I'm of the personal opinion that there are no "inappropriate" questions. Questions such as "How old are you?" (when asking a woman) or "When was the first time you had sex?" are valid. A person may be offended for whatever reason that I've never understood, but if a situation or circumstance bears making an inquiry, there is no logical reason not to. Knowledge is power.

If something has piqued your curiosity and you wish to ask for clarification, by all means, do so. Smile

Edit: And if she gets offended and asks "Are you calling me a whore?", simply respond "Not at all. I just noticed X and was wondering why that would be."

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13-01-2013, 08:01 PM
Re: Is it ever appropriate to ask
Im not sure why people expect to stay un-offended in life.
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13-01-2013, 08:05 PM
RE:
(13-01-2013 07:53 PM)Misanthropik Wrote:  I'm of the personal opinion that there are no "inappropriate" questions. Questions such as "How old are you?" (when asking a woman) or "When was the first time you had sex?" are valid. A person may be offended for whatever reason that I've never understood, but if a situation or circumstance bears making an inquiry, there is no logical reason not to. Knowledge is power.

If something has piqued your curiosity and you wish to ask for clarification, by all means, do so. Smile

Edit: And if she gets offended and asks "Are you calling me a whore?", simply respond "Not at all. I just noticed X and was wondering why that would be."


So, good manners count for nothing? Making another person uncomfortable, paine, or embarrassed is of no importance?

You sound like namiloveyou.

Skepticism is not a position; it is an approach to claims.
Science is not a subject, but a method.
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13-01-2013, 08:06 PM
RE: Is it ever appropriate to ask
(13-01-2013 08:01 PM)TheBlackKnight Wrote:  Im not sure why people expect to stay un-offended in life.


No, but people have every right to expect others to not be assholes.

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Science is not a subject, but a method.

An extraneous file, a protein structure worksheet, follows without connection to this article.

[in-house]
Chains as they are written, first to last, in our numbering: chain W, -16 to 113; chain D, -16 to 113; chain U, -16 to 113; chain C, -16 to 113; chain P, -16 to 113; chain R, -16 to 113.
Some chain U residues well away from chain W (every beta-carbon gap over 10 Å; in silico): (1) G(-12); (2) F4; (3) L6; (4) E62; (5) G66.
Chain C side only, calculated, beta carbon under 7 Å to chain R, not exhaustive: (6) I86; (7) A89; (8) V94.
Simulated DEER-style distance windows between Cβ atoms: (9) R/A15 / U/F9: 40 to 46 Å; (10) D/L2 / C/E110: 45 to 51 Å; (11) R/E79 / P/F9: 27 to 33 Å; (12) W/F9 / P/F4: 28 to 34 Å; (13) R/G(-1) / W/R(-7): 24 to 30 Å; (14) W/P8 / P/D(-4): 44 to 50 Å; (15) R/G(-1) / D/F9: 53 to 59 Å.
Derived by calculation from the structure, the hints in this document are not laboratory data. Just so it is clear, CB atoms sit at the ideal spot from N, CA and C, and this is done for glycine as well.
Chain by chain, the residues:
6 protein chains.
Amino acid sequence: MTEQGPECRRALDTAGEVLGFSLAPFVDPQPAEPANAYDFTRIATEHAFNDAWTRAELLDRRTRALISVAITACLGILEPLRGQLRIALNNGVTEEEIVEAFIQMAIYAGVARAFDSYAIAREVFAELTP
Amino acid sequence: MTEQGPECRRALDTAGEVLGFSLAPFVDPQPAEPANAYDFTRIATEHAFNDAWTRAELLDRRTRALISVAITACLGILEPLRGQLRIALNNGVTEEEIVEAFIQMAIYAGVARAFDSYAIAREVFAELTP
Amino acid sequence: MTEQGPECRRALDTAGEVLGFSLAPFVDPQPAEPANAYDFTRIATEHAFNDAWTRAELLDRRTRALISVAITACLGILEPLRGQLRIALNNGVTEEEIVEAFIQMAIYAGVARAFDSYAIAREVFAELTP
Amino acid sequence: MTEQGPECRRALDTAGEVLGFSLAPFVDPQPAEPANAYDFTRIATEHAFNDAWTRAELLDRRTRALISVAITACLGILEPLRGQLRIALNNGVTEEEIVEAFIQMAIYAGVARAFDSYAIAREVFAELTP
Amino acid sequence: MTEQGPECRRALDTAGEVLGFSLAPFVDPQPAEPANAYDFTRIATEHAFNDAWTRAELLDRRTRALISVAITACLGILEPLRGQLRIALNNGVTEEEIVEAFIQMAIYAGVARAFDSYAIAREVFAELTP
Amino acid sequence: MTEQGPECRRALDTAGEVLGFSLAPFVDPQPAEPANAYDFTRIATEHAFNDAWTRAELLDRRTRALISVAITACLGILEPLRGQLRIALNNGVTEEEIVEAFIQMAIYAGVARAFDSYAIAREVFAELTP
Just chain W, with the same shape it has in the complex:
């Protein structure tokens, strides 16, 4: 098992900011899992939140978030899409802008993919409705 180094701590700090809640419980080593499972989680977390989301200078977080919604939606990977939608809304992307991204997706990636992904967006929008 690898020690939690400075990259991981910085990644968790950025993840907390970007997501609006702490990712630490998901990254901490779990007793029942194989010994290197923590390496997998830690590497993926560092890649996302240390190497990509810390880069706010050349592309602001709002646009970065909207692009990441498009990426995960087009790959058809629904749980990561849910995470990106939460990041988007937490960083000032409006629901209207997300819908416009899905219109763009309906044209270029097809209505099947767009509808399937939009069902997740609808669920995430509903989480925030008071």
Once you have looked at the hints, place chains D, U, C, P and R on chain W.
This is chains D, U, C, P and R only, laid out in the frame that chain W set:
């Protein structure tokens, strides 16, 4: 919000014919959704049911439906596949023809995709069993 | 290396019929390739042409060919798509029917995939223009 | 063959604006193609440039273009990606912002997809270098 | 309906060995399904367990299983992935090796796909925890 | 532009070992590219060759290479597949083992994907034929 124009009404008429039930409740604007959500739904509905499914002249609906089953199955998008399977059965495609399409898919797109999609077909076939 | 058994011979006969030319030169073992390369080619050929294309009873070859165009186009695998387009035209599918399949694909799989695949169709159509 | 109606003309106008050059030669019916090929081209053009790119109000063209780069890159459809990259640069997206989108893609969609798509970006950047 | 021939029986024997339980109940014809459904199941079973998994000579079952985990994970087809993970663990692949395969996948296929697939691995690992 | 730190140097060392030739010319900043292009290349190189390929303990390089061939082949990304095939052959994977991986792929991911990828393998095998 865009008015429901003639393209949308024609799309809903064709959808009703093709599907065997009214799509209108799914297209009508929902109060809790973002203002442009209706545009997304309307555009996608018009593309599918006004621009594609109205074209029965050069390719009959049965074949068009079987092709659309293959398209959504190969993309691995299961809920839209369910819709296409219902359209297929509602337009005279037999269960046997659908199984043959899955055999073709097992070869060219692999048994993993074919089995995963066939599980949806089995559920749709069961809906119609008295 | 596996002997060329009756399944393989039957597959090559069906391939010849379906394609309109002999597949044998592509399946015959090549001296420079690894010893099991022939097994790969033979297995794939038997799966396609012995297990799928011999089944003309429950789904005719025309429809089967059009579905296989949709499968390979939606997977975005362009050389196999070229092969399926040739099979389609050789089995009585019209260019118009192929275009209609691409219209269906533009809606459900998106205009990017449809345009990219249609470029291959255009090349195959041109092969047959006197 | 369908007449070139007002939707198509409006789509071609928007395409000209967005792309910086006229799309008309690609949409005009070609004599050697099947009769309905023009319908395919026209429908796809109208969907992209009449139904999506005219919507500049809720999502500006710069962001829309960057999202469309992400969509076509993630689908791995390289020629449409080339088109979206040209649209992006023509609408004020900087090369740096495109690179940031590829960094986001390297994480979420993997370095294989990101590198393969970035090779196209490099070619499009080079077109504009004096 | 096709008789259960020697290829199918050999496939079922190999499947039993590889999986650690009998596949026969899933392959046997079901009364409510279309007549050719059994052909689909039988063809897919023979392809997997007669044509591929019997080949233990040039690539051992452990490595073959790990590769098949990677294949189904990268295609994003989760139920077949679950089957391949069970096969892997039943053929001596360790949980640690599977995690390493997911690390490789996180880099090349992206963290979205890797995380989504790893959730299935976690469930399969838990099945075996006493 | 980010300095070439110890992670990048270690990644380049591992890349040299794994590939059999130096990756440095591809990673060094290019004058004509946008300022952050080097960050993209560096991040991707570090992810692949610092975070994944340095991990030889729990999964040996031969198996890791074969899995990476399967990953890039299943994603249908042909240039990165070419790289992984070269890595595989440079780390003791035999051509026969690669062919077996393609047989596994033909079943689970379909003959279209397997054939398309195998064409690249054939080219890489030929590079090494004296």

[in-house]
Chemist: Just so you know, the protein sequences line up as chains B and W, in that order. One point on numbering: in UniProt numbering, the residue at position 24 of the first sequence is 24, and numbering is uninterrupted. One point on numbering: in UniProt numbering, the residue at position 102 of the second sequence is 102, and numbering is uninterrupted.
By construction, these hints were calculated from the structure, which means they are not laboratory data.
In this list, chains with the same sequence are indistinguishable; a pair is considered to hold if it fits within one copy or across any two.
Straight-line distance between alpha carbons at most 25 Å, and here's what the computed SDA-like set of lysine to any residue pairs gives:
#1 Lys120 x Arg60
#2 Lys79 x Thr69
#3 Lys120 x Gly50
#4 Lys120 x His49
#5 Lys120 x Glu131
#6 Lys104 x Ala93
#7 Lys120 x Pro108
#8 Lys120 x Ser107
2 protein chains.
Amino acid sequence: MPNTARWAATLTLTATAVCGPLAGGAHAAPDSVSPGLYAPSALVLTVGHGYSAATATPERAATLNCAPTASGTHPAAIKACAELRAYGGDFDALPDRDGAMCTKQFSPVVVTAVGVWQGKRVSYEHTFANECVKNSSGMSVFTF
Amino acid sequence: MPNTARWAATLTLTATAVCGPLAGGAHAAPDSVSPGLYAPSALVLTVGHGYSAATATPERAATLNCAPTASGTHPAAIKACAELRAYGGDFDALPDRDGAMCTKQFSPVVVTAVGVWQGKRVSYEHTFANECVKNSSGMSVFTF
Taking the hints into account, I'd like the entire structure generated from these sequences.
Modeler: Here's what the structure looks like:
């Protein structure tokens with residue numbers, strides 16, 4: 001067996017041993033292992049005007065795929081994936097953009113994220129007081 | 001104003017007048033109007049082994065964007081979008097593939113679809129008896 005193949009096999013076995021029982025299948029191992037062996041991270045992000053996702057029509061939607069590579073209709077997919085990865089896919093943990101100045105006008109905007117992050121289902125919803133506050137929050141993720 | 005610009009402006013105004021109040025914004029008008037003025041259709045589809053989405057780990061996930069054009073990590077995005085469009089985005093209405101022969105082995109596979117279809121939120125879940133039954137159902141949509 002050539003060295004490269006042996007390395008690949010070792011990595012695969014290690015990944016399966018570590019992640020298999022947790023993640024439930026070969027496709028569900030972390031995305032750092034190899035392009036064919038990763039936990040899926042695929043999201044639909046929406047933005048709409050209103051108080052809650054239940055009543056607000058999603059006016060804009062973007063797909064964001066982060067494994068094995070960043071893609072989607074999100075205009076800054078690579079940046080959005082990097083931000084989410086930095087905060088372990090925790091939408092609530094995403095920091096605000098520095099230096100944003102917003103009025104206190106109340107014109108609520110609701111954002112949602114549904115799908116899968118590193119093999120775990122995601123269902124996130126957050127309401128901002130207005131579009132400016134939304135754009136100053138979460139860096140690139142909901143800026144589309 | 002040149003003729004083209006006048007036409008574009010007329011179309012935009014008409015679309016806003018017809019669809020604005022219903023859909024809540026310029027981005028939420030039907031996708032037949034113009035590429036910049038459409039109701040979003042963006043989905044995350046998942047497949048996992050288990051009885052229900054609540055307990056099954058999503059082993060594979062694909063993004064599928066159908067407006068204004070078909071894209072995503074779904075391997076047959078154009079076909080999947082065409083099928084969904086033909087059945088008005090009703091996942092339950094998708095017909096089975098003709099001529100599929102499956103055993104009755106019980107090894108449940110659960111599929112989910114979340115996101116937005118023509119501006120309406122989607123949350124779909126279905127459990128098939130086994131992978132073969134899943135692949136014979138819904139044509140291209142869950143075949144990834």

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13-01-2013, 08:11 PM
RE:
(13-01-2013 08:05 PM)Chas Wrote:  
(13-01-2013 07:53 PM)Misanthropik Wrote:  I'm of the personal opinion that there are no "inappropriate" questions. Questions such as "How old are you?" (when asking a woman) or "When was the first time you had sex?" are valid. A person may be offended for whatever reason that I've never understood, but if a situation or circumstance bears making an inquiry, there is no logical reason not to. Knowledge is power.

If something has piqued your curiosity and you wish to ask for clarification, by all means, do so. Smile

Edit: And if she gets offended and asks "Are you calling me a whore?", simply respond "Not at all. I just noticed X and was wondering why that would be."


So, good manners count for nothing? Making another person uncomfortable, paine, or embarrassed is of no importance?

You sound like namiloveyou.
Manners are fine, Chas. But questions are harmless. The fact that an individual may become uncomfortable, pained, or embarrassed is entirely on them. There's no reason to be offended by simple questions. If they are deemed too intrusive and the individual wishes to withhold their answer, they have every right to do so. But there is no reason to be offended by the question itself.

Through profound pain comes profound knowledge.
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13-01-2013, 08:32 PM
RE:
(13-01-2013 08:11 PM)Misanthropik Wrote:  
(13-01-2013 08:05 PM)Chas Wrote:  So, good manners count for nothing? Making another person uncomfortable, paine, or embarrassed is of no importance?

You sound like namiloveyou.
Manners are fine, Chas. But questions are harmless. The fact that an individual may become uncomfortable, pained, or embarrassed is entirely on them. There's no reason to be offended by simple questions. If they are deemed too intrusive and the individual wishes to withhold their answer, they have every right to do so. But there is no reason to be offended by the question itself.


No, it is simply rude to ask intrusive questions. It puts a person in an uncomfortable position. You are violating that person's space - it is an assault.

Skepticism is not a position; it is an approach to claims.
Science is not a subject, but a method.